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UIC Alumni Association honors Dr. Michael J. Barrows with its Humanitarian Award

For Love of Country and Those Who’ve Served

Dr. Michael Barrows

The UIC Alumni Association honors Dr. Michael J. Barrows with its Humanitarian Award, recognizing the former UIC College of Dentistry faculty member’s ongoing commitment to U.S. military Veterans.

For much of his adult life, Dr. Michael J. Barrows, DDS ’73, MS Endodontics ’77, MS Dental Histology ’81, shielded his military service. He felt embarrassed and uncomfortable, a byproduct of Vietnam-era objections to the war that prompted many Americans to treat military personnel of the time with disdain and contempt.

“That deeply affected me and made me ashamed of my service,” said Barrows, a former captain in the U.S. Army Dental Corps.

He rarely spoke of his time with the Army, which concluded with an Honorable Discharge in 1978. It lingered in the distant background, one small piece of a colorful life.

“Unless you somehow noticed my Honorable Discharge certificate hanging up amid my diplomas, you’d never know I served in the Army,” Barrows said.

In 2011, however, Barrows attended a Veterans Day ceremony at his grandson’s elementary school. When he and the other Veterans entered the gym for an assembly, they encountered loud applause and cheering with chants of “Thank you for your service.” It was a drastic and dramatic counter to the post-Vietnam reception many troops received, and Barrows struggled to digest the emotions of the moment.

“I got all choked up and could barely make it through the ceremony,” he said. “I had never before been thanked for my service.”

That Veterans Day experience proved to be a cathartic and transformative event for Barrows, sparking him to embrace his military service and, even more, to begin looking for ways to give back to his fellow Veterans.

“From that day forward, I was no longer ashamed. I was proud of my service and let everyone know,” Barrows said. “I made it my mission in retirement to help troops and Veterans.”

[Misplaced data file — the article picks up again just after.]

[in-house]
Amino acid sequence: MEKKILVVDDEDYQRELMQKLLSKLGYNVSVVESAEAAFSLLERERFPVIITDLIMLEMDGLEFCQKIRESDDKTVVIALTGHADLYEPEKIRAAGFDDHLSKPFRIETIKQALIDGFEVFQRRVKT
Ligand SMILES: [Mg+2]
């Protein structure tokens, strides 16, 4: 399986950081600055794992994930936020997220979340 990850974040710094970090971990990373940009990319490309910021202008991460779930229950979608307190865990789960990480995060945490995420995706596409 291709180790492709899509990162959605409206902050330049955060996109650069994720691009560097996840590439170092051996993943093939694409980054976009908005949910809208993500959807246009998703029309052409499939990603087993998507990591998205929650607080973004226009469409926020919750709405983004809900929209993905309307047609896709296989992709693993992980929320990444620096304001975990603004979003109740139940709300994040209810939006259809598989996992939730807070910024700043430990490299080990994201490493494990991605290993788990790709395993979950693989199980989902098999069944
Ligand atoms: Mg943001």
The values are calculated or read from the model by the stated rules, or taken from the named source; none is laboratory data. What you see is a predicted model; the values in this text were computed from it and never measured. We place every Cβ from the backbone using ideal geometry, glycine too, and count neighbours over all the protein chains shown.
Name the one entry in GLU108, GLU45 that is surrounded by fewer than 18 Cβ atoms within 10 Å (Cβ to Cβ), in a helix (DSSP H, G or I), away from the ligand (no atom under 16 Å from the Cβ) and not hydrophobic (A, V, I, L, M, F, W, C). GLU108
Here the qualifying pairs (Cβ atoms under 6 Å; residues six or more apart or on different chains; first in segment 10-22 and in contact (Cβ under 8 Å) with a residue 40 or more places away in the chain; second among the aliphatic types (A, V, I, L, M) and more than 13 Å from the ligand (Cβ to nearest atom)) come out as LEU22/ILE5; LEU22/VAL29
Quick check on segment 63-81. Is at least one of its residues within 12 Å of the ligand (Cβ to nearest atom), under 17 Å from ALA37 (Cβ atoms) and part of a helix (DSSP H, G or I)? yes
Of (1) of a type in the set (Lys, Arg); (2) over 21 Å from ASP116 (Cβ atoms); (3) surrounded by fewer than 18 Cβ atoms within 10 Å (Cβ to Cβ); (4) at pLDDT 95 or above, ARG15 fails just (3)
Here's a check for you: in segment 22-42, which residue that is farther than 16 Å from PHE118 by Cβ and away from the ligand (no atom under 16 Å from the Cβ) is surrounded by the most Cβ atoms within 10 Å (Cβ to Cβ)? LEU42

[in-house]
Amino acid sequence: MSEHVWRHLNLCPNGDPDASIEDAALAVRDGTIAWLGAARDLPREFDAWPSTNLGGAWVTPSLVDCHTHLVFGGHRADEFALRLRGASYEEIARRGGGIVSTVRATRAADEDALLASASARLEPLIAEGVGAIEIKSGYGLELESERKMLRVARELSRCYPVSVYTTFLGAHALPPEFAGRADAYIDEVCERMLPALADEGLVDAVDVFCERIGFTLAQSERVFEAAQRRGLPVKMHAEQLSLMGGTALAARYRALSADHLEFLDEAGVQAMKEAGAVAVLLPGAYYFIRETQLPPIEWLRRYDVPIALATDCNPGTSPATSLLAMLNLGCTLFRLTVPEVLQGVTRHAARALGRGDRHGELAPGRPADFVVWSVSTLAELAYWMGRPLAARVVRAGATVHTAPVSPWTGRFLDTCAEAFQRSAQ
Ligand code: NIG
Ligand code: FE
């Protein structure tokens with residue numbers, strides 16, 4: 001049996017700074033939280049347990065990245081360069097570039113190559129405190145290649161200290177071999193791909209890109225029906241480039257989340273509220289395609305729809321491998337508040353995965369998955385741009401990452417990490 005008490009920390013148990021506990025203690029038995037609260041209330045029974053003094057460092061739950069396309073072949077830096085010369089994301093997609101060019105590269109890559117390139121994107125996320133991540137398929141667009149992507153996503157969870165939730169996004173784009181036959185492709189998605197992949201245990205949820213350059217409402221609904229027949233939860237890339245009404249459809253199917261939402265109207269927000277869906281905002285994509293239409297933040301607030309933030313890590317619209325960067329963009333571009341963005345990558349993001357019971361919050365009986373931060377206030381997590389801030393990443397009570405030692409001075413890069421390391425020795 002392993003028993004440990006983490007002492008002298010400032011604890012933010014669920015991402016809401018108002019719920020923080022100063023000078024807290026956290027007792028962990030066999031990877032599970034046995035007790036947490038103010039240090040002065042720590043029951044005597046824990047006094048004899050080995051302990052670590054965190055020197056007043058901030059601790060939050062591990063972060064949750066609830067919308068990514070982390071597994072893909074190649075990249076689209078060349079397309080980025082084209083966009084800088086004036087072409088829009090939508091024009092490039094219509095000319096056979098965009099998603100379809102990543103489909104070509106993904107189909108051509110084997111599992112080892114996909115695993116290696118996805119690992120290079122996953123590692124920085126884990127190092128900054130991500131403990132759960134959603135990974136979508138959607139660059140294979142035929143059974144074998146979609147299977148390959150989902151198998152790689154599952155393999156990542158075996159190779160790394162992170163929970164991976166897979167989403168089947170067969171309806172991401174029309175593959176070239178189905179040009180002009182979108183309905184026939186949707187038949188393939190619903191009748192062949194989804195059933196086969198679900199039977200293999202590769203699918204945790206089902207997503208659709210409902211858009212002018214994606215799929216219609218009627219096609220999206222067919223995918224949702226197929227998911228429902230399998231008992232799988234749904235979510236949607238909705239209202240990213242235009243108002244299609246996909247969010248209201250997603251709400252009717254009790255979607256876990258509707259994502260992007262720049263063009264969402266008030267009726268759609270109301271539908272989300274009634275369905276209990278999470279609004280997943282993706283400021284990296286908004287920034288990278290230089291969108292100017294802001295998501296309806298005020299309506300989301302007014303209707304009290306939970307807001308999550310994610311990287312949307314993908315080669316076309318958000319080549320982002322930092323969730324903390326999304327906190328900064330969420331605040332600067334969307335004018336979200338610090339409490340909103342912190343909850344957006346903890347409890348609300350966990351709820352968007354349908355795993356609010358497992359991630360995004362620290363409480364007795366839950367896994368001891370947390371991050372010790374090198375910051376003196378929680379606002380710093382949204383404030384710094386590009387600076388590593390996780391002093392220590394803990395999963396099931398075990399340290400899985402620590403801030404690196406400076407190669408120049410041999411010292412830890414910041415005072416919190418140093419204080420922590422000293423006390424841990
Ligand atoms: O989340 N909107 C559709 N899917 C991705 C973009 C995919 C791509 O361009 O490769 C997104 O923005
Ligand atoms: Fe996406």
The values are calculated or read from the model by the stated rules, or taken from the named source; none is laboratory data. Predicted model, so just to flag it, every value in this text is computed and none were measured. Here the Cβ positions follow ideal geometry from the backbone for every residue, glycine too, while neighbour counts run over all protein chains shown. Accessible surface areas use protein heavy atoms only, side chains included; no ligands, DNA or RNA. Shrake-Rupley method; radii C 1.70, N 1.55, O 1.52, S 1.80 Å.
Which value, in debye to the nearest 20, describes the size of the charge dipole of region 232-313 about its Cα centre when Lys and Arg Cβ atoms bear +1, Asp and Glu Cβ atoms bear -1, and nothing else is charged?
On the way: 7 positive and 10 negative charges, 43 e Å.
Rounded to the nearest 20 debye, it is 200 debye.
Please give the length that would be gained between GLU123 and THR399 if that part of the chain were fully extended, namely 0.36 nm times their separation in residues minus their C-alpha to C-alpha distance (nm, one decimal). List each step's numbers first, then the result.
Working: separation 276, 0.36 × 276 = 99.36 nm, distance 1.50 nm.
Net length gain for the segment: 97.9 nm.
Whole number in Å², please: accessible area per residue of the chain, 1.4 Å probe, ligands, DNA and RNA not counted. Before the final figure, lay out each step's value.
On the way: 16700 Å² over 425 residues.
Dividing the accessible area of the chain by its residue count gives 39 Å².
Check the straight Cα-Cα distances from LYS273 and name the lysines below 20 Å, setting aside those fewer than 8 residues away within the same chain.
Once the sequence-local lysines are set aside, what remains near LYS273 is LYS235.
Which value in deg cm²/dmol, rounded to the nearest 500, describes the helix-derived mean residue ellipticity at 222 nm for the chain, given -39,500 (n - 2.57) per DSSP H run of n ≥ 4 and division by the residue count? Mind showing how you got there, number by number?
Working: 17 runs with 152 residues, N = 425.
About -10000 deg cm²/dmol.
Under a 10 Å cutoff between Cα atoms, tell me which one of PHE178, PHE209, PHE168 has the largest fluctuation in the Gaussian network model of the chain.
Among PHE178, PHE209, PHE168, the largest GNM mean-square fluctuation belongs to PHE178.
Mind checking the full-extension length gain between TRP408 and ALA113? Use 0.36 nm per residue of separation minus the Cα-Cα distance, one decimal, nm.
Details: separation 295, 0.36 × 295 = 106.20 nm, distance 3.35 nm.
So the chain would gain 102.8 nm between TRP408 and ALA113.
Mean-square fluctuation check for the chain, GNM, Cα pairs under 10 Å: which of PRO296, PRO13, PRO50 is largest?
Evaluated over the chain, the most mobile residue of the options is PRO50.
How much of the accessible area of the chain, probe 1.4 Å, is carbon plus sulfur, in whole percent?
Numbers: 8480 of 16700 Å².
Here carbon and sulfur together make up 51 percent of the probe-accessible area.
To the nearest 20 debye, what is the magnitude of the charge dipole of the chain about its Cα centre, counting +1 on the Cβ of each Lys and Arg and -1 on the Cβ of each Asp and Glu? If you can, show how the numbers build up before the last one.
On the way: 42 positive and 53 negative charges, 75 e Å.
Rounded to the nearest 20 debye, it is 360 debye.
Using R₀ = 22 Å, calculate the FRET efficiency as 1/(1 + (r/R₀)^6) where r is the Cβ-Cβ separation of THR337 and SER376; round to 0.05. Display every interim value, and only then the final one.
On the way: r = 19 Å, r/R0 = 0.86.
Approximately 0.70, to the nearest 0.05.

On April 18, the UIC Alumni Association honored Barrows with its Humanitarian Award, recognizing the Frankfort, Illinois, resident’s spirited commitment to Veterans as well as his distinguished career as a UIC College of Dentistry faculty member.

Dedicated to his profession

As a seventh grader growing up in Homewood, Illinois, Barrows read a book about dentistry and decided that’s what he wanted to do.

“I knew I enjoyed working with my hands and I also wanted to be in a healing profession, so dentistry seemed like it was made for me,” Barrows said.

While attending dental school at UIC, Barrows learned of the Health Professions Scholarship Program offered by the United States Army. The award covered tuition, instruments, and books and also provided a monthly stipend. In return, recipients agreed to a multi-year active-duty commitment.

“A U.S. Army officer came to the school and I took my oath in an office right there,” Barrows said. “I was a second lieutenant being offered a direct commission on the spot.”

After graduating from UIC in June 1973, Barrows began his two-year, active-duty stint. He completed officer’s basic training at Fort Sam Houston, Texas, where he learned “dentistry the Army way.” He then attended to the dental needs of troops as a member of the Army’s 1st Infantry Division, first at Fort Riley in Kansas, and, later, in Germany as a member of an annual NATO-conducted deployment exercise called REFORGER. Barrows completed his active-duty responsibilities in 1975, transitioned to inactive duty, and received his Honorable Discharge from the Army three years later.

Thereafter, Barrows moved forward with his civilian dental career, parking his military service in a distant corner of his mind.